Toiling away in the background on a shoestring budget, some 300 civil servants in a hastily assembled new department are scrambling to deal with Brexit, the biggest administrative challenge in Britain's post-war history.
Staffed with officials mainly poached from other ministries, the newly minted Department for Exiting the EU (DExEU) was founded only three weeks after the June 23 referendum that triggered Britain's divorce from the EU.
Led by 68-year-old Conservative MP David Davis, the department is located at 9 Downing Street -- right next door to Prime Minister Theresa May's office.
The department's headcount is now "just over 300," director general Sarah Healey told AFP.
"It's the amount that we have planned to do the job", Healey said, dismissing worries that it might not be enough but admitting the ministry is "still growing".
Even before getting landed with the huge administrative headache of Brexit, the British civil service was already on the back foot after austerity cuts.
"The civil service faces its biggest challenge since the Second World War," and yet its "workforce is the smallest it has been in 70 years," the Institute for Government said in a recent report.
Since 2010, the number of civil servants has dropped by 18.5 percent to fewer than 400,000.
In 1944, the number was three times as high.
Britain's former ambassador to the EU Ivan Rogers, who quit in January warning that negotiations on a new trade agreement could take years, said the challenge for Britain was on a "humongous scale".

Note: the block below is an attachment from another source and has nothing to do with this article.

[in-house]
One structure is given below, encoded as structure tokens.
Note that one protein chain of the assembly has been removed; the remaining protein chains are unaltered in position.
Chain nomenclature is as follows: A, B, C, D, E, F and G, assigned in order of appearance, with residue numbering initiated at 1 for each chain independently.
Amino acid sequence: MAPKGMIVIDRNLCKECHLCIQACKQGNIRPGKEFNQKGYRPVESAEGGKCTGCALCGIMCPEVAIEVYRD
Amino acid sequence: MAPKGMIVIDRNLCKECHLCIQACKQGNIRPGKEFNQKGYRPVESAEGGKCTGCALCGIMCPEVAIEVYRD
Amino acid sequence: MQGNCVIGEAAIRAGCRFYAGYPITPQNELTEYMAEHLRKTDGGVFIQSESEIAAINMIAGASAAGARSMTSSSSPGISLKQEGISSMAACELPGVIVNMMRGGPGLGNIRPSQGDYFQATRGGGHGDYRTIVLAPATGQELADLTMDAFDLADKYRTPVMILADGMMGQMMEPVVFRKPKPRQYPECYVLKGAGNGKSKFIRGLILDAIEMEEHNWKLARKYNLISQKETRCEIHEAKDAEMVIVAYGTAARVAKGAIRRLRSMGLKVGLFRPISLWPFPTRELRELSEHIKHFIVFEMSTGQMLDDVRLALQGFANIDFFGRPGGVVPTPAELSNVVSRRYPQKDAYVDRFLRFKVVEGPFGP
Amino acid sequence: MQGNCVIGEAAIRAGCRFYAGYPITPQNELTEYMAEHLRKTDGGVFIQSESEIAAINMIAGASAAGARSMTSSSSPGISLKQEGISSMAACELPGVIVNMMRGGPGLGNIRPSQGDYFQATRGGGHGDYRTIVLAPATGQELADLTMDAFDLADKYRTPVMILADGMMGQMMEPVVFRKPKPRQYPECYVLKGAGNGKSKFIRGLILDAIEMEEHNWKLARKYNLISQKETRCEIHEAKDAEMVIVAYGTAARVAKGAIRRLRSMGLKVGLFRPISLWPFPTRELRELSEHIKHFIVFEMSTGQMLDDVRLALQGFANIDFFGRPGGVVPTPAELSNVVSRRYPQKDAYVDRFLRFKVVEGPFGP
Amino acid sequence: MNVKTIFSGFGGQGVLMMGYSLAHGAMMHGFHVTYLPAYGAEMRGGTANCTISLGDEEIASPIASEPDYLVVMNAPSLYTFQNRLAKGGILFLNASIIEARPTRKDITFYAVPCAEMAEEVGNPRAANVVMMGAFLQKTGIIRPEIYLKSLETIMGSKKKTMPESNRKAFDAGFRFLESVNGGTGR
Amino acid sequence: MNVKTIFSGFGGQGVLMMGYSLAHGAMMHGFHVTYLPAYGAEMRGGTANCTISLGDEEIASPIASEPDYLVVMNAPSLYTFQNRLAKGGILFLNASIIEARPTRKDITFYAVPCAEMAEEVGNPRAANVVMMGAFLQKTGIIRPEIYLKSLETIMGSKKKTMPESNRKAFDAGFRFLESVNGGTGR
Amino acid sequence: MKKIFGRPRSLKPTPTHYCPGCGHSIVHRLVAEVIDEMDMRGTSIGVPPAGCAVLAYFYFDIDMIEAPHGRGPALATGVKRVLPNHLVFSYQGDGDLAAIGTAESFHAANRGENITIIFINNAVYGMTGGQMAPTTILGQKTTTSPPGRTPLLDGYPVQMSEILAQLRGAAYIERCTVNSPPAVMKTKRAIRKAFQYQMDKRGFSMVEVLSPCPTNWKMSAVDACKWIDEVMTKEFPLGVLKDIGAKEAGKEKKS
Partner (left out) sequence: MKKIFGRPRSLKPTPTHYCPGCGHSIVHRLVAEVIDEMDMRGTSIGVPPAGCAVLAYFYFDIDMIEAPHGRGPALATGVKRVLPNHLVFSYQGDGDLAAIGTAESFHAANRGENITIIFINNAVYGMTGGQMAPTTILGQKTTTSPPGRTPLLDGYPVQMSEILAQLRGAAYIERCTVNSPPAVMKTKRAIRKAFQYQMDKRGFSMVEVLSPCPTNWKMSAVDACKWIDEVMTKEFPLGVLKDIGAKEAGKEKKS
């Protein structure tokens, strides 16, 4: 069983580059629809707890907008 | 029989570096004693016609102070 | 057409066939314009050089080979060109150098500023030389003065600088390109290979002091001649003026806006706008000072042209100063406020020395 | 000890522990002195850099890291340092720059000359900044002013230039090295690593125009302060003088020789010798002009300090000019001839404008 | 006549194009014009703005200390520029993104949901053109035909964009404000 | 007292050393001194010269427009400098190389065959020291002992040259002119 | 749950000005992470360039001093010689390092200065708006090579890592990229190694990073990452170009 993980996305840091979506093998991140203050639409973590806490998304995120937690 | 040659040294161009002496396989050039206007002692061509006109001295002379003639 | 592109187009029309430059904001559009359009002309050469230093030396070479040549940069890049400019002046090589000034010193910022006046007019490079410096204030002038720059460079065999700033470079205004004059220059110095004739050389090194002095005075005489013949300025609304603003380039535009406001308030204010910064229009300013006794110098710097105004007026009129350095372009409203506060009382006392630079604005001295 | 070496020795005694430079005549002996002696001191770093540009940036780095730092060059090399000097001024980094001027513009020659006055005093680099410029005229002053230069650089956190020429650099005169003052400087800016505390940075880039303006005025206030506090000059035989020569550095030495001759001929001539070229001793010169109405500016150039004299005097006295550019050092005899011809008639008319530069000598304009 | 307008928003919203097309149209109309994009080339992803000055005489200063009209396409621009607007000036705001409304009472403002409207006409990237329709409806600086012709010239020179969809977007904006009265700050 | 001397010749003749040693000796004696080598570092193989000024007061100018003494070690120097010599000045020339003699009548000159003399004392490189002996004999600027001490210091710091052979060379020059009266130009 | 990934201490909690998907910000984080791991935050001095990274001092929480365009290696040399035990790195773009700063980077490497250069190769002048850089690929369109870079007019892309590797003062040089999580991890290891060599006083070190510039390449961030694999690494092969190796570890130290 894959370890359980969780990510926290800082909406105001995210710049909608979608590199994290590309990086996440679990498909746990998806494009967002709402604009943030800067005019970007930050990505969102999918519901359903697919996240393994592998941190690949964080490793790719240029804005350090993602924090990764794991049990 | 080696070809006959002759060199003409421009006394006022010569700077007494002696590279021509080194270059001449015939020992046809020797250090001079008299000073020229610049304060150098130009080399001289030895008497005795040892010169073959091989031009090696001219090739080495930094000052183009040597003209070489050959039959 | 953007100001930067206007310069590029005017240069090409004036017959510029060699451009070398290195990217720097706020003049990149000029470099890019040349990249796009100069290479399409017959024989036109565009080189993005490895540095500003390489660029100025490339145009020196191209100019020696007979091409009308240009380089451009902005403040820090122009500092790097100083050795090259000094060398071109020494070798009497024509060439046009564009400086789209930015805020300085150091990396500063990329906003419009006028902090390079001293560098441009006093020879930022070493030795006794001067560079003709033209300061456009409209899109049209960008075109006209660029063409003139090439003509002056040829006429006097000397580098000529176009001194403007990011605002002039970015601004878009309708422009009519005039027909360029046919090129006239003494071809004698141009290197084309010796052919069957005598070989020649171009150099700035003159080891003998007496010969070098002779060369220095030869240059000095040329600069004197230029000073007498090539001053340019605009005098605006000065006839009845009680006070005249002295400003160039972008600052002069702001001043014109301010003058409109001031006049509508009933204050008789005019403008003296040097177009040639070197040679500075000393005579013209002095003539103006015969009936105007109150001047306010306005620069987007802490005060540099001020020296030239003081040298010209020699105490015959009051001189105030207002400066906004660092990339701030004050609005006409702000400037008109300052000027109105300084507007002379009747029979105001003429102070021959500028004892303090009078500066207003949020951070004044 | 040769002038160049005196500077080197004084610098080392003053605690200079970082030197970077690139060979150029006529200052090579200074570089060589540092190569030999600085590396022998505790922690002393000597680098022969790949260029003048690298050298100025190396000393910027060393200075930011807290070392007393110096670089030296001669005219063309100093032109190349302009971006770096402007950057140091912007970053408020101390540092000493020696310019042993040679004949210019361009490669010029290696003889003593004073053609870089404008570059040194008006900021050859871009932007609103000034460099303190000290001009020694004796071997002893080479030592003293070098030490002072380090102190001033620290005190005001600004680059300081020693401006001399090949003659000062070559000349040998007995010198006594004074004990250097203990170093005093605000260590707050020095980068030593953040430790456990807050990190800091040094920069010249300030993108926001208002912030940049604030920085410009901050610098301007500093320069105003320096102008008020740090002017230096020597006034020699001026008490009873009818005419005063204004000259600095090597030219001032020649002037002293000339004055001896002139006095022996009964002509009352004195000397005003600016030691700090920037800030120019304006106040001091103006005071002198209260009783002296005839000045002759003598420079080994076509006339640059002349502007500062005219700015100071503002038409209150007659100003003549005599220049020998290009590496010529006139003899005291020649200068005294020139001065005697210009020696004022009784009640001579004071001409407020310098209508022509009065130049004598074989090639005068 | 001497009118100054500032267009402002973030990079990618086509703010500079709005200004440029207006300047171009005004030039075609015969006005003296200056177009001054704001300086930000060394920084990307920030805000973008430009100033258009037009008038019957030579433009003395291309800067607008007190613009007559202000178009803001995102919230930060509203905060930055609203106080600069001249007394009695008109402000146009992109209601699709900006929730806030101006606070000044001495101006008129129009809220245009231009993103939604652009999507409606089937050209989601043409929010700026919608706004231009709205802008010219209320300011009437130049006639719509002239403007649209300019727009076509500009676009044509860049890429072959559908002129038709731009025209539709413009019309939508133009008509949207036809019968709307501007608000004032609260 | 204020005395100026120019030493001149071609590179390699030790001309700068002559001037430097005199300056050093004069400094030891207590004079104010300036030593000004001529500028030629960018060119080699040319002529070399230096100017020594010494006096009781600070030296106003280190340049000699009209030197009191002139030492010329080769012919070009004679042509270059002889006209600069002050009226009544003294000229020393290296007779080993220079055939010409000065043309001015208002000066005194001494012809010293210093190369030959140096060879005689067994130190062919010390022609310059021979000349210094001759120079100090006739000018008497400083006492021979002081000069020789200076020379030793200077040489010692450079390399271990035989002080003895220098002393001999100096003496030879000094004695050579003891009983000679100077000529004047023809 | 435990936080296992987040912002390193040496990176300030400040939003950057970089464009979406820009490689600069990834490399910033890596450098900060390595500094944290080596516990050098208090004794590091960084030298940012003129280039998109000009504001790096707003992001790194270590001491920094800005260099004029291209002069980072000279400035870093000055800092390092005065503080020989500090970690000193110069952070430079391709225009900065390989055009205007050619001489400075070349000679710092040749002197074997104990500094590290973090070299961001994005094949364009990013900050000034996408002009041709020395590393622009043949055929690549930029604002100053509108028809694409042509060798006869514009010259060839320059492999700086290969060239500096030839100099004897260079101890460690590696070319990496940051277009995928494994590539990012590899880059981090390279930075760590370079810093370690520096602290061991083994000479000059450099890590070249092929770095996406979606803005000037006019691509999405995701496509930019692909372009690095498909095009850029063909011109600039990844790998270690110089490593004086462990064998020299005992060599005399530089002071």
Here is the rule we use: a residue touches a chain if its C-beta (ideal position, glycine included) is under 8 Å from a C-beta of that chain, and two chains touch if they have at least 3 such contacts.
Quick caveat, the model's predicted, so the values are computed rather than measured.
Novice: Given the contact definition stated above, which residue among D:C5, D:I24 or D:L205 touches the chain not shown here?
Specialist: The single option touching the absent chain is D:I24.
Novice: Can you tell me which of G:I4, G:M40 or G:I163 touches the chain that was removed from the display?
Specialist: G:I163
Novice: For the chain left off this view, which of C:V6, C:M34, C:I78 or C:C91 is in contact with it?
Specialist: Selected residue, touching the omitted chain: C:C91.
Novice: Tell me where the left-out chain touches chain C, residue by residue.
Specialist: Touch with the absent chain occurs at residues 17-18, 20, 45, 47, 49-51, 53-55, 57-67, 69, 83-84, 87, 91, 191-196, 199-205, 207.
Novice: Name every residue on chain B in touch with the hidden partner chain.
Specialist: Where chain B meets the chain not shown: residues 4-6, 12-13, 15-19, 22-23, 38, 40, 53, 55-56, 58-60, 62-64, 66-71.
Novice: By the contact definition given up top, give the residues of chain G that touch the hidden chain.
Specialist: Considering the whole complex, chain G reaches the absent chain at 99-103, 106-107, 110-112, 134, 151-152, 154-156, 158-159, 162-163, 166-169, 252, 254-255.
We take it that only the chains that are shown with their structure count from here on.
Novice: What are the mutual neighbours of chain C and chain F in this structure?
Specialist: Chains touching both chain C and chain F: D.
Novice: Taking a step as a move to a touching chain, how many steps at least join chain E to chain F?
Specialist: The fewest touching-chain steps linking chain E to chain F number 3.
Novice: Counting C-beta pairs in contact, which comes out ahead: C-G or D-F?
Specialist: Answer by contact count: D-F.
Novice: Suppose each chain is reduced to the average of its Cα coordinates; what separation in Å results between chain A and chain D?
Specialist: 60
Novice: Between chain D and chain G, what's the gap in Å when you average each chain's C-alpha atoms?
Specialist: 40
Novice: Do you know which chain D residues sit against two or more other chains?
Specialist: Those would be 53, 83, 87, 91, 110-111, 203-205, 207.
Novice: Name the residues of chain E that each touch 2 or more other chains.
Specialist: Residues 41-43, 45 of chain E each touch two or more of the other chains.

- 'Turf war' -
On top of the numerical and financial challenge, another problem has been to find sufficiently qualified people and Britain has had to trawl abroad to find the necessary talent.
For example, since its 1973 accession to the European Economic Community, Britain has not negotiated any international trade deals because those fall under the purview of the European Commission.
Faced with a lack of British negotiators, the new Department for International Trade (DIT) has enlisted professionals from Australia, Canada and New Zealand.
The National Audit Office, Britain's budget spending watchdog, said in a report last week that leaving the EU would "further increase the capability challenges" for the civil service.
"Government projects too often go ahead without government knowing whether departments have the skills to deliver them," he said.
The audit office said the government needed to show "greater urgency" in filling the skills gap in Whitehall.
But Anand Menon, professor of European politics at King's College London, played down worries of a skills shortage.
"Britain has generally been quite good at negotiating in the European Union so there's no reason that we can't continue to be quite good at negotiating with the European Union."
However, Menon added: "There will be tensions between different departments and tensions between different ministers about the priorities" in the negotiations.
The Institute for Government made the same point, saying that "time and energy was inevitably wasted in turf wars" between the Brexit ministry, the trade ministry and the foreign ministry over strategy.
The risk now is that the task of at least two years of Brexit negotiations could prove so challenging that it will hamper the rest of government business.
Menon warned: "Brexit will consume Whitehall".